Grant by Ron Chernow:
The Sioux had acquired the reputation, Sherman said, of being “the most brave and warlike Savages of this Continent.” By late May, Phil Sheridan confessed that his two department commanders, Generals Crook and Terry, hadn’t the foggiest idea where Sitting Bull and his Sioux warriors had fled. Sheridan took refuge in the illusion that a large body of hostile Indians couldn’t remain cohesive for long and even imagined that the approach of three columns would herd them back onto the reservation. Shattering such naïve expectations on June 17, Crazy Horse led a band of warriors against the thousand-man column under General Crook, dealing them a bloody setback and driving them rearward to their base camp. As Custer drifted westward toward his doom, he knew nothing of this stunning defeat.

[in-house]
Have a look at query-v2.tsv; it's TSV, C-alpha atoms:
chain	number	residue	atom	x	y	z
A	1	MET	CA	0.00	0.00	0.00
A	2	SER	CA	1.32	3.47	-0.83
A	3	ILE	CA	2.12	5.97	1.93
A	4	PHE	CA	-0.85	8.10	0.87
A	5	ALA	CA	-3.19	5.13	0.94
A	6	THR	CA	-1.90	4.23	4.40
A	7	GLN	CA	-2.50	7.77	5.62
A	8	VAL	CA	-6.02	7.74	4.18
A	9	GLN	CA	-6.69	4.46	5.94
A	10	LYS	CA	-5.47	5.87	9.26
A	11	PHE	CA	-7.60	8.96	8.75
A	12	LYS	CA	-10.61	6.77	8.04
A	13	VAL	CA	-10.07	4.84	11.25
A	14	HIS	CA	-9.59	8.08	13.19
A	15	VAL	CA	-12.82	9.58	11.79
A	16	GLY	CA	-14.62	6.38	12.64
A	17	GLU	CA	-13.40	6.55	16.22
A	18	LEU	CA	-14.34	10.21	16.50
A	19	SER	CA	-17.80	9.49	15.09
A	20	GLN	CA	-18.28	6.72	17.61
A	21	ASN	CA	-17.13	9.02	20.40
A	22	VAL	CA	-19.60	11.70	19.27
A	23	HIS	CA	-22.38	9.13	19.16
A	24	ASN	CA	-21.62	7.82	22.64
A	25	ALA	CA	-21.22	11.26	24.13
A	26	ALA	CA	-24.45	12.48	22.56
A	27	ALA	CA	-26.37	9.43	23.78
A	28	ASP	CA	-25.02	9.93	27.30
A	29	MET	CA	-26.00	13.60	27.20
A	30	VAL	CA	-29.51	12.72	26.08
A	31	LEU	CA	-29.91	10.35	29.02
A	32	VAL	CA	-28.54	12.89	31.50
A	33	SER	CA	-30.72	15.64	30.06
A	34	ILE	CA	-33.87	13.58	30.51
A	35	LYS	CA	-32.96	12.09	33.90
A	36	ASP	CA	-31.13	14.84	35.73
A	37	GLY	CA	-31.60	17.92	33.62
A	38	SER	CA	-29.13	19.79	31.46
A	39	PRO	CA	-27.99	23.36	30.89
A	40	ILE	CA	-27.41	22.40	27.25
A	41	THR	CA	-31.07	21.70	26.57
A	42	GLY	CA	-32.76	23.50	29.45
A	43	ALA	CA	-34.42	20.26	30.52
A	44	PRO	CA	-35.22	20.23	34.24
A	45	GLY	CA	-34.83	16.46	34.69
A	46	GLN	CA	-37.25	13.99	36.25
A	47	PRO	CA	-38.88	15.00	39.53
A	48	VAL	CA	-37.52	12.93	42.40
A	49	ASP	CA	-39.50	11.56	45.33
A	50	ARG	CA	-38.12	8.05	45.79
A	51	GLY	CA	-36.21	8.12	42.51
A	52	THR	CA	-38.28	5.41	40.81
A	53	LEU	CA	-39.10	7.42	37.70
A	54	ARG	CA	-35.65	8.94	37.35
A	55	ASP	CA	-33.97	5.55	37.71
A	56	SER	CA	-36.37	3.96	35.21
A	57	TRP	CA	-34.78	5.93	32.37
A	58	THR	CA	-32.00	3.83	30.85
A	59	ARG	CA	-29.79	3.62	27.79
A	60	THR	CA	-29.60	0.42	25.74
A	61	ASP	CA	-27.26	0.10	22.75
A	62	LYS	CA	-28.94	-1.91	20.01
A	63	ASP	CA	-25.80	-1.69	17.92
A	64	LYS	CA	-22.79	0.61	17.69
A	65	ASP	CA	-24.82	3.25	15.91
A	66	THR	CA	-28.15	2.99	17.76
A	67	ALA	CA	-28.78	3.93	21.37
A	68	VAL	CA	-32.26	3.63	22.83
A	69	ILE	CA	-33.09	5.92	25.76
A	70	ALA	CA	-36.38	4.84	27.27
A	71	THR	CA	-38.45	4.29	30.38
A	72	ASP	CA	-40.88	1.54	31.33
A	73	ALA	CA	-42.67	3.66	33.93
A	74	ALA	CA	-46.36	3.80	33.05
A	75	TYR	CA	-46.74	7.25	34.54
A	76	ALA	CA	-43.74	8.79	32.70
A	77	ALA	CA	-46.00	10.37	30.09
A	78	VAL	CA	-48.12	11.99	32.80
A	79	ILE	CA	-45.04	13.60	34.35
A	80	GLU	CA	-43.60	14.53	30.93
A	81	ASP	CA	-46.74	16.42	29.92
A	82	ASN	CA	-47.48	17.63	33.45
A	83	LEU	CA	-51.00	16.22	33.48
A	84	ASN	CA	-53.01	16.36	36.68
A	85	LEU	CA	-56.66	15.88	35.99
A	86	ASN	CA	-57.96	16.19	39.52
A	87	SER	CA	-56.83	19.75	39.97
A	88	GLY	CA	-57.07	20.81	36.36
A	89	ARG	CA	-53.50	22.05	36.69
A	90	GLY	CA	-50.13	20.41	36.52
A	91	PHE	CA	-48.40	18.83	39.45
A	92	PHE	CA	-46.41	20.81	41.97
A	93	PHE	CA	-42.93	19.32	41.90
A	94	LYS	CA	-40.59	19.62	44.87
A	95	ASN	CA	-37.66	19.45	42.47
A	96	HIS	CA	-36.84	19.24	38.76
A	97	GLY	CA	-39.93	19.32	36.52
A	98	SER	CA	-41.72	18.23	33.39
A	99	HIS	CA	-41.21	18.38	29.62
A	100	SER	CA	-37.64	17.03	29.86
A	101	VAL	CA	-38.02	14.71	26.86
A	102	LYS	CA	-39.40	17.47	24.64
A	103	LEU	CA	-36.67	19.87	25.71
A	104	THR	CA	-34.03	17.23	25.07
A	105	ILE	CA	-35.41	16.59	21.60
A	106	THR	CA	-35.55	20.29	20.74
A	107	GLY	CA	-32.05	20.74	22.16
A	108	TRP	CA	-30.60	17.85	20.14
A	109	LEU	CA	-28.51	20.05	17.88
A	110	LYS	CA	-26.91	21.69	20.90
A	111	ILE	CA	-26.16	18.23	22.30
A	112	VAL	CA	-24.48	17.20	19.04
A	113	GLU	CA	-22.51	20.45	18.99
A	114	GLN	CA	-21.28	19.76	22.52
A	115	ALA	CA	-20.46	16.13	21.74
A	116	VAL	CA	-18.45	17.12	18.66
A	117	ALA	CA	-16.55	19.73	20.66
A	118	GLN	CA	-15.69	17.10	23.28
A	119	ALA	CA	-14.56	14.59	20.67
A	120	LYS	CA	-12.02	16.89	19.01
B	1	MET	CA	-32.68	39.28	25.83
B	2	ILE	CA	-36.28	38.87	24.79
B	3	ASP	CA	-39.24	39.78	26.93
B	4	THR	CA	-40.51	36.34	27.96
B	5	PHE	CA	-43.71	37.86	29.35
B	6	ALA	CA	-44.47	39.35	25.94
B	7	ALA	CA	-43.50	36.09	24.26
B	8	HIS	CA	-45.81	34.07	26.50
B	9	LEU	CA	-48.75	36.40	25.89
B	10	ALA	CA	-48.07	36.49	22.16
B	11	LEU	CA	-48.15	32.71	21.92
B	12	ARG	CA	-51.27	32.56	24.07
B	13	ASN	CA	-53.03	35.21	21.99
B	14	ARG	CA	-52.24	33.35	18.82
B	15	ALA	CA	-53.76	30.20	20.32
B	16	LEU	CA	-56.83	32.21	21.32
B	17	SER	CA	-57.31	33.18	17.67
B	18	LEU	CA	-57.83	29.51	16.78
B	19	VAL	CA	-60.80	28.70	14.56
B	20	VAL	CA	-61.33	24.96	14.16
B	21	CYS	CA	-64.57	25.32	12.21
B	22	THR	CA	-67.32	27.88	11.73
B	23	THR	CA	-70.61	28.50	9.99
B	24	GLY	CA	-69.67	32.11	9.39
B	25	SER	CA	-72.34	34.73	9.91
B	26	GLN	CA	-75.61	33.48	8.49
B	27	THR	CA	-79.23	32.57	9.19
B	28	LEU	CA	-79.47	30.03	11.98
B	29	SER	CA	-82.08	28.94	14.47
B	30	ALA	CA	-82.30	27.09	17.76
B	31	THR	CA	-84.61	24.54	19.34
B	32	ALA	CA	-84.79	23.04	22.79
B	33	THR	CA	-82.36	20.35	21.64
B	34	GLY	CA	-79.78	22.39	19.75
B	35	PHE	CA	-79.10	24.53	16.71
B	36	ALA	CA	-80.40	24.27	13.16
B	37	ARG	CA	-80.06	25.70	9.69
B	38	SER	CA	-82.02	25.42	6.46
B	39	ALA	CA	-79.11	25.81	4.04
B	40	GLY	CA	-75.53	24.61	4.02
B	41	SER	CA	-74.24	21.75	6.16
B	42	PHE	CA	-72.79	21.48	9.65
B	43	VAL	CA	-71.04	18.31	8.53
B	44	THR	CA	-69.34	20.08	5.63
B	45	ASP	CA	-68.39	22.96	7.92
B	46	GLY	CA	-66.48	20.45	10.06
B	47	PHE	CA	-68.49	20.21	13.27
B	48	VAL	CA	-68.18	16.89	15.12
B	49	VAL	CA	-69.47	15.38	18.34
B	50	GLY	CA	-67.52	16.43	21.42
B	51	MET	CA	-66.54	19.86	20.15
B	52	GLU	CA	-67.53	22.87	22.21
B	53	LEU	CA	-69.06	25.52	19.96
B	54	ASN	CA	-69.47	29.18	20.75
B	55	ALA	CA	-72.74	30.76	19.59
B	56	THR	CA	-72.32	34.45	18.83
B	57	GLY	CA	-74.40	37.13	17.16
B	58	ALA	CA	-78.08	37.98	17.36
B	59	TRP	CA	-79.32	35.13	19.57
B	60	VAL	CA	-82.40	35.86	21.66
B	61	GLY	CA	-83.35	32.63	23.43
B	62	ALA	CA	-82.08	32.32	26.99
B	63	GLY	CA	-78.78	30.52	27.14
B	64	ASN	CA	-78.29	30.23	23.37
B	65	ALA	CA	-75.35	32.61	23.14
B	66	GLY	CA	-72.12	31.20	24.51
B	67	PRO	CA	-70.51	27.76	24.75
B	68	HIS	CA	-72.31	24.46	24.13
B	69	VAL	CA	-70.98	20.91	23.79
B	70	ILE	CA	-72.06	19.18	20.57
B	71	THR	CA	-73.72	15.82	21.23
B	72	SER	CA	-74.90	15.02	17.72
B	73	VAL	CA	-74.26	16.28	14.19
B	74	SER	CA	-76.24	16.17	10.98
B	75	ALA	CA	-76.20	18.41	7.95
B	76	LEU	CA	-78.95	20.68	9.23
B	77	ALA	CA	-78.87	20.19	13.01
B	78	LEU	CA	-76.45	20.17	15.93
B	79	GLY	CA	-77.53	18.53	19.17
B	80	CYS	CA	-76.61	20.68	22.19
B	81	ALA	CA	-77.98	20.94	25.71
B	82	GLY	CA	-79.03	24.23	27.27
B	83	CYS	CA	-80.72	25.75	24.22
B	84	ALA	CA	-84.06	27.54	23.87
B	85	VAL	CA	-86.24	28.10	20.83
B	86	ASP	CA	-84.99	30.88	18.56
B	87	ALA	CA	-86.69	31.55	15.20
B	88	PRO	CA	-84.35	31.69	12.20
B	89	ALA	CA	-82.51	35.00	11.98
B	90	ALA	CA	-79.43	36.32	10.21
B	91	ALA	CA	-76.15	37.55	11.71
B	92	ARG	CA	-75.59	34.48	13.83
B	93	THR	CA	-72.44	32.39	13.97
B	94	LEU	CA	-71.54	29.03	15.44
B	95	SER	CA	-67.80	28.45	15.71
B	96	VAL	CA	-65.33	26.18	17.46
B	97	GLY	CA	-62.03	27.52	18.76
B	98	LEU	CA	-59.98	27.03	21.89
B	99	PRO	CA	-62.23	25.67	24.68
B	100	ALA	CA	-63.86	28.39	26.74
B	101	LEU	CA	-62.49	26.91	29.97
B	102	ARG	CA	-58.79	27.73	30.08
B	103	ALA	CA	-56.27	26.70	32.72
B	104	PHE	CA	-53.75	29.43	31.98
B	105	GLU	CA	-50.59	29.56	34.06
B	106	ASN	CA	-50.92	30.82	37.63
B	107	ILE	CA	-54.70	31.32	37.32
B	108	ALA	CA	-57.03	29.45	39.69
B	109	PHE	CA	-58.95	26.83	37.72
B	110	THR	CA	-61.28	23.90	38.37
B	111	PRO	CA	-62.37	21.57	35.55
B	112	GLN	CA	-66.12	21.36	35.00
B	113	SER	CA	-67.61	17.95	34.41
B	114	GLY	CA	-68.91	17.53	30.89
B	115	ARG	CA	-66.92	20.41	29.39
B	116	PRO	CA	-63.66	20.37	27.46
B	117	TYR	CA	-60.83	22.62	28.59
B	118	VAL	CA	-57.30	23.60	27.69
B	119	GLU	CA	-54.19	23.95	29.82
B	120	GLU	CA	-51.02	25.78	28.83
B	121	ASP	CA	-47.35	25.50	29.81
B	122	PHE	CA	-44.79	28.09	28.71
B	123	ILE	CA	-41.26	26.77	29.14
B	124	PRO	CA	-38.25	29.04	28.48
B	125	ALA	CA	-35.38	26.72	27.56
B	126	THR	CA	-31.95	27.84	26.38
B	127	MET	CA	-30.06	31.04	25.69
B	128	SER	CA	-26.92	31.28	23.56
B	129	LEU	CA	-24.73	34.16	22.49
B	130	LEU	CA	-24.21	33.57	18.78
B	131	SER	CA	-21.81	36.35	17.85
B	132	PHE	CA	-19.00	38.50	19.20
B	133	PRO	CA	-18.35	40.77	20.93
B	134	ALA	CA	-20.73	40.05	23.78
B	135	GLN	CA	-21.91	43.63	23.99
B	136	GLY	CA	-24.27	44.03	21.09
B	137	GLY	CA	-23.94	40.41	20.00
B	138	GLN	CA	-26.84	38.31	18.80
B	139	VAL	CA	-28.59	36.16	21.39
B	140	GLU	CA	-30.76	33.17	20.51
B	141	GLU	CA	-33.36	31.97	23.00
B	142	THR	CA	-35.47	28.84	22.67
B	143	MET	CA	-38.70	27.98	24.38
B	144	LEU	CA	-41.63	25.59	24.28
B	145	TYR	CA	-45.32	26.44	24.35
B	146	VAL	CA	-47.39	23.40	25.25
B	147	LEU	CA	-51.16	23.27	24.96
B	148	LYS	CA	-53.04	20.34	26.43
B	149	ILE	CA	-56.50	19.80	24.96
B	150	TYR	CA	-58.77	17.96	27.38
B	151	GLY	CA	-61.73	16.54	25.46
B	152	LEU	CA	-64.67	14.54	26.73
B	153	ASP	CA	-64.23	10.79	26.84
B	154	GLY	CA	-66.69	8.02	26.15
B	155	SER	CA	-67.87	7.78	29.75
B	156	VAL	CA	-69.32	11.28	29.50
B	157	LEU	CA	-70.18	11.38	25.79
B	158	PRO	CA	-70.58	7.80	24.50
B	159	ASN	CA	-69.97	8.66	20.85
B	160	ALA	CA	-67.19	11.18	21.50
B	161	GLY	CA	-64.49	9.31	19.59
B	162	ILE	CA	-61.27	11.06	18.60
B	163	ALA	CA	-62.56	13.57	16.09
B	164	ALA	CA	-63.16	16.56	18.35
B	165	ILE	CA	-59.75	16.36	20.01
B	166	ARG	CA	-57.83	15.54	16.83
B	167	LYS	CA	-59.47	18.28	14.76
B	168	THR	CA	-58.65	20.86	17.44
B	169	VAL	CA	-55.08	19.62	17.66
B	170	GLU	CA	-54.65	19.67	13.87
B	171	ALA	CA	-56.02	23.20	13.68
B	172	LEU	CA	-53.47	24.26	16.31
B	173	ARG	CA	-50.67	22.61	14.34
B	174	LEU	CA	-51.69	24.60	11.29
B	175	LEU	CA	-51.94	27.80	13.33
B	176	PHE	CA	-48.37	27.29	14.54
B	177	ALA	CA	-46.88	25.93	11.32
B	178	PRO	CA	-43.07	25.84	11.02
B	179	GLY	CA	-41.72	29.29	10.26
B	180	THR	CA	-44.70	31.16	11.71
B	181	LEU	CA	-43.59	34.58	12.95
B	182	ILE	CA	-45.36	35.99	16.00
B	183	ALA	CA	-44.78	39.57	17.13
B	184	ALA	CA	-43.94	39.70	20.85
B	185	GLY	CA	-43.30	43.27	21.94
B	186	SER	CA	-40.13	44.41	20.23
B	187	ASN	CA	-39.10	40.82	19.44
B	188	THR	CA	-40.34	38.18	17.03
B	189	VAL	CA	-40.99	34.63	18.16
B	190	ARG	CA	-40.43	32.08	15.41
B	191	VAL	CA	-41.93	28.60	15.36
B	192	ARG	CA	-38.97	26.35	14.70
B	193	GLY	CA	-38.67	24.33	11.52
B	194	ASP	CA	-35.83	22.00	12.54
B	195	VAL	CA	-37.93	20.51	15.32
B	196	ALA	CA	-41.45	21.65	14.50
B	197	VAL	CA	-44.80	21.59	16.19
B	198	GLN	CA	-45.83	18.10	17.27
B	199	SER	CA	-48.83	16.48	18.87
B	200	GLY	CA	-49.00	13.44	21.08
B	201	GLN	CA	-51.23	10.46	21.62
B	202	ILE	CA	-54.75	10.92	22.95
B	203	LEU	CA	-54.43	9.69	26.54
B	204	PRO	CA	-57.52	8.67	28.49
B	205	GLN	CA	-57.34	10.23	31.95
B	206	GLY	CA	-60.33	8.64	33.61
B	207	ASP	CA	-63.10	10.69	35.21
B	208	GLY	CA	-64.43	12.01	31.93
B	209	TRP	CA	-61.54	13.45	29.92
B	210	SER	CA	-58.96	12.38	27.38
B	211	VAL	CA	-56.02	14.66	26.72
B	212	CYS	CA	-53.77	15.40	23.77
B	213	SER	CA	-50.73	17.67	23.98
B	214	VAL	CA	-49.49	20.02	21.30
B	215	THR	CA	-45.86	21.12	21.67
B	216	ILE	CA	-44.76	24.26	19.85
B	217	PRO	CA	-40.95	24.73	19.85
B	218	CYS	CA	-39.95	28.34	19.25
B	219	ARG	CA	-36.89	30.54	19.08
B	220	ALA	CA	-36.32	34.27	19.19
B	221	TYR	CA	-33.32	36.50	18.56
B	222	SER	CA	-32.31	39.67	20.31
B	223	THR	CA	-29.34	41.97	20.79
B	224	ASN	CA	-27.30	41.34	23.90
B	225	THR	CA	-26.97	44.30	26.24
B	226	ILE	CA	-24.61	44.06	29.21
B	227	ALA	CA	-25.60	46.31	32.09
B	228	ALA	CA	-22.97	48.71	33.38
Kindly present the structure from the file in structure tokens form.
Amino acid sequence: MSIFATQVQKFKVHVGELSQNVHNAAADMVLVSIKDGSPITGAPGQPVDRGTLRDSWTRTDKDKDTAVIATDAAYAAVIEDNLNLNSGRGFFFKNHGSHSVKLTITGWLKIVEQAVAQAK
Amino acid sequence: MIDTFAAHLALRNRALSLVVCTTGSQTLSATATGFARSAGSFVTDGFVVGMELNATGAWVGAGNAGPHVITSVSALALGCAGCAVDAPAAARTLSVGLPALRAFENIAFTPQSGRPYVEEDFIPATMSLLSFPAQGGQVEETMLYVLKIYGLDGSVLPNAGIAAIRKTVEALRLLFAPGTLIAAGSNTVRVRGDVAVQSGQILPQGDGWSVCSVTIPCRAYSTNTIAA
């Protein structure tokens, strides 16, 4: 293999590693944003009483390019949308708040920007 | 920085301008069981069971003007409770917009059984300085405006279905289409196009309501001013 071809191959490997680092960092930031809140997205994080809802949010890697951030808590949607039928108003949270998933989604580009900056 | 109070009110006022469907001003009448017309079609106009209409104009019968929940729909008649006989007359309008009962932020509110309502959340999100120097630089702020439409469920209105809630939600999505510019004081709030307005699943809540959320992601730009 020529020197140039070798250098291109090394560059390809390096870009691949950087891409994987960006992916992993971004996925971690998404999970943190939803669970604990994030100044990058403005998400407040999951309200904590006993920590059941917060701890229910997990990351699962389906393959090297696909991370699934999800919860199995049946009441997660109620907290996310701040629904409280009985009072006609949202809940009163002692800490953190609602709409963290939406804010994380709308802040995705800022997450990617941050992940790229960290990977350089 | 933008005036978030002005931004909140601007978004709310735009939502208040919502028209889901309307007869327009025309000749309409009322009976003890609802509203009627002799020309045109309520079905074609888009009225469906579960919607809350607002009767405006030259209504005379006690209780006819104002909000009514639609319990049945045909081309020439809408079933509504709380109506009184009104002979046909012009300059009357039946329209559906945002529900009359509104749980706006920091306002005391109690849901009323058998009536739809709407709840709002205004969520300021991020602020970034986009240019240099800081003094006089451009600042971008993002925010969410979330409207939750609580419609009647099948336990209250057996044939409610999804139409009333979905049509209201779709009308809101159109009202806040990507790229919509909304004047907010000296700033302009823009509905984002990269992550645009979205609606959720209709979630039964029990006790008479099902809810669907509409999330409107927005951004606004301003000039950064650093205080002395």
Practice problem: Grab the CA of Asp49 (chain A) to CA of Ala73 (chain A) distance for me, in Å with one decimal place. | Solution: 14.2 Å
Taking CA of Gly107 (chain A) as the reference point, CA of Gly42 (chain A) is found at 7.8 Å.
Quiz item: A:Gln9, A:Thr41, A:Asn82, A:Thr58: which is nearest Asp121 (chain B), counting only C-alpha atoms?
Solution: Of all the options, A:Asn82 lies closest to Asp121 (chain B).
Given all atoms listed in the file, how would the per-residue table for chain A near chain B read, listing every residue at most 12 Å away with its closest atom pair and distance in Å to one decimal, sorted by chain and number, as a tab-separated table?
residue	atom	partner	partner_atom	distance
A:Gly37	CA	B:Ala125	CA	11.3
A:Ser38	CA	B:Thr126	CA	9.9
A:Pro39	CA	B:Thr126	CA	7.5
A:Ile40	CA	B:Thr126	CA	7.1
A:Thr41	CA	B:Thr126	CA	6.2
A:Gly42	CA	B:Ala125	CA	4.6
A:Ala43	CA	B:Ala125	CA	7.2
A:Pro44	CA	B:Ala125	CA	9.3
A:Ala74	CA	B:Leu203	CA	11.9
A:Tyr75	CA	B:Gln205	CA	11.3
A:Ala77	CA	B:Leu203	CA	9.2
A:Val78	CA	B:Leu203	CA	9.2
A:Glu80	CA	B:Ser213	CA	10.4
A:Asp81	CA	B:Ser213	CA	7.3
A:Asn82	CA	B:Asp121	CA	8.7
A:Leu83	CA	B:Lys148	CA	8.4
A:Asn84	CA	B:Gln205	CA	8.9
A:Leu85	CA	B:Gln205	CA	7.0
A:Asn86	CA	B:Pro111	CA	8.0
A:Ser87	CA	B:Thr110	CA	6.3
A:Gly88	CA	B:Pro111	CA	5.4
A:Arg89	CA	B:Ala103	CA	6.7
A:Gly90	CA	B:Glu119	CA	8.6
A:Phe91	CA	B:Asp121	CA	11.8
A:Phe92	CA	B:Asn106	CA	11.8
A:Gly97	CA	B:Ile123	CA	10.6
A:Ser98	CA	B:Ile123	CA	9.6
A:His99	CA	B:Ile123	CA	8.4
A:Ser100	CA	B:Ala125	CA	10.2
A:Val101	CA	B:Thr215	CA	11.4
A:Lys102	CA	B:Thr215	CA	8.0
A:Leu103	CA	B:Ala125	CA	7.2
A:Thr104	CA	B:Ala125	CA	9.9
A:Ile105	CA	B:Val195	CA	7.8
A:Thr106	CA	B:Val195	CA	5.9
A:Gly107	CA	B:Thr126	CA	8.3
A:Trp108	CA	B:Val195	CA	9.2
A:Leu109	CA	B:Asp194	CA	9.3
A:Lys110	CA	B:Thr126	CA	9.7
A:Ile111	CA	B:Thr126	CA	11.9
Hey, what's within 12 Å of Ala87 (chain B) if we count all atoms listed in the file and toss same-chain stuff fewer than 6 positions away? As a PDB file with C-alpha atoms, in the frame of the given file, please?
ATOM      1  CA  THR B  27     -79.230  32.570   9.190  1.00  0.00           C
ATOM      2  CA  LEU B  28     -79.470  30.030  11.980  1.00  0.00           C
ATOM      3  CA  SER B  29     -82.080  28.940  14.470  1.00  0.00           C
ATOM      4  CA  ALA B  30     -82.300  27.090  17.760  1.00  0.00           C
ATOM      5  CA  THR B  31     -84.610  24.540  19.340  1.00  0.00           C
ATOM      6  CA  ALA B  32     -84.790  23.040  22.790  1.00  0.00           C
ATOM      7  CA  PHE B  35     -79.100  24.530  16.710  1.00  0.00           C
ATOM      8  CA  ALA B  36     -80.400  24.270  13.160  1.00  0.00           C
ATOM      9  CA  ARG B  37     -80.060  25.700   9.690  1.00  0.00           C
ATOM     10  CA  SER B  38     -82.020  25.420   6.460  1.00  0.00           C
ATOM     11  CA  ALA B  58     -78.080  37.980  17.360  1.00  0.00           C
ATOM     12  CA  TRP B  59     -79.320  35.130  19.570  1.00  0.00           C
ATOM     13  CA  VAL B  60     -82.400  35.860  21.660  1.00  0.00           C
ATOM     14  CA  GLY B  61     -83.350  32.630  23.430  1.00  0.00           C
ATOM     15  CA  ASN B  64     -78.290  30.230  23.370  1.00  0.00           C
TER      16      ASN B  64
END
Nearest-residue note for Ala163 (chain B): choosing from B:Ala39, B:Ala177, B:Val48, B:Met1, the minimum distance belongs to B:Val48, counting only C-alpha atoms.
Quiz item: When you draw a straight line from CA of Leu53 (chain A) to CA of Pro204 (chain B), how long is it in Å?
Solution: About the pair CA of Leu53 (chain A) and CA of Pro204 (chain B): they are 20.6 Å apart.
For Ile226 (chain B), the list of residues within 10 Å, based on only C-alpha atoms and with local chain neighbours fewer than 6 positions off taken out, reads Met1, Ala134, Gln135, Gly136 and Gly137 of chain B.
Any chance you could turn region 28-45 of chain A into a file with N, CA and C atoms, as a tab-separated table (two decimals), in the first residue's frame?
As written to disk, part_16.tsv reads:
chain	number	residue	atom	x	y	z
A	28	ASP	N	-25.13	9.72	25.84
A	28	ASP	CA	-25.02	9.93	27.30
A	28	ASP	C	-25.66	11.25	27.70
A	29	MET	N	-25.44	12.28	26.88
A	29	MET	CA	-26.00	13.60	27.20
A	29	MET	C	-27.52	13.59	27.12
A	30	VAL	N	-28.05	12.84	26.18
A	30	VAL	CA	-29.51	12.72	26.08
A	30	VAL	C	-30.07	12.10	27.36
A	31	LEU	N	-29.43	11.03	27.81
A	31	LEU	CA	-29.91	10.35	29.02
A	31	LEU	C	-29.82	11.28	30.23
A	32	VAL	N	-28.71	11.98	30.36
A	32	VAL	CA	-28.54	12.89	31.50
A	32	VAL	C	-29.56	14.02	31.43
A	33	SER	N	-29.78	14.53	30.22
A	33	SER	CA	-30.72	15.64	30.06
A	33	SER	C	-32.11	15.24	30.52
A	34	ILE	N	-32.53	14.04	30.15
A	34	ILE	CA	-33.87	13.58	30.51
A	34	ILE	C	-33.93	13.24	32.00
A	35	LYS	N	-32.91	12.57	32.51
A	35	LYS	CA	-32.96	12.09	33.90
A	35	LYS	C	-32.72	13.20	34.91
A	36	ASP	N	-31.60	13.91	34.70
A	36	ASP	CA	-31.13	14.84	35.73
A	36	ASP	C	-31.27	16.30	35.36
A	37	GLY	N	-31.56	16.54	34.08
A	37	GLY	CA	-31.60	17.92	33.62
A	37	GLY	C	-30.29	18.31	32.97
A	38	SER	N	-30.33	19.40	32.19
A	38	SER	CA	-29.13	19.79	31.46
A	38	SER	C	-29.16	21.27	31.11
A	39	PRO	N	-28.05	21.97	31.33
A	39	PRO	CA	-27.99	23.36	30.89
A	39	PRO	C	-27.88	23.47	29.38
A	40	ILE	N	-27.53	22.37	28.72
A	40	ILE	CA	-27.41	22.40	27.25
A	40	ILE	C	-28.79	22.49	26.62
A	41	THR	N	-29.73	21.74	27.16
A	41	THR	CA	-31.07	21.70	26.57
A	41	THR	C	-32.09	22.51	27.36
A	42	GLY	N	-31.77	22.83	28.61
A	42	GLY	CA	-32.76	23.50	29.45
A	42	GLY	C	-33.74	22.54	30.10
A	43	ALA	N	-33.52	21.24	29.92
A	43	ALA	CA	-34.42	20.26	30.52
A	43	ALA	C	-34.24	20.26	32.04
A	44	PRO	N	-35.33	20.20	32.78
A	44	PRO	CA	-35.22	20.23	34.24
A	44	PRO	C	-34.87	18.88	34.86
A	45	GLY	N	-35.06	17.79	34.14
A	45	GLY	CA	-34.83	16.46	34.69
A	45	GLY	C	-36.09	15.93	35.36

As the nation got ready to solemnize its centennial on July 4, reports filtered back that Custer and 263 of his men in the Seventh Cavalry had been annihilated by Lakota Sioux and Northern Cheyenne warriors along the Little Bighorn River in southern Montana, their mutilated bodies strewn among the hills. Custer was found naked, a bullet hole in his head, a gash in his thigh, an arrow piercing his penis. Supposed to be marching toward a rendezvous with Generals Terry and John Gibbon, he had arrived too soon, failed to wait for other troops, and confronted alone an enormous Indian force favored with overpowering numbers. “I deeply deplore the loss of Custer and his men,” Sheridan wrote. “I feel it was an unnecessary sacrifice, due to a misapprehension and a superabundance of courage—the latter extraordinarily developed in Custer.”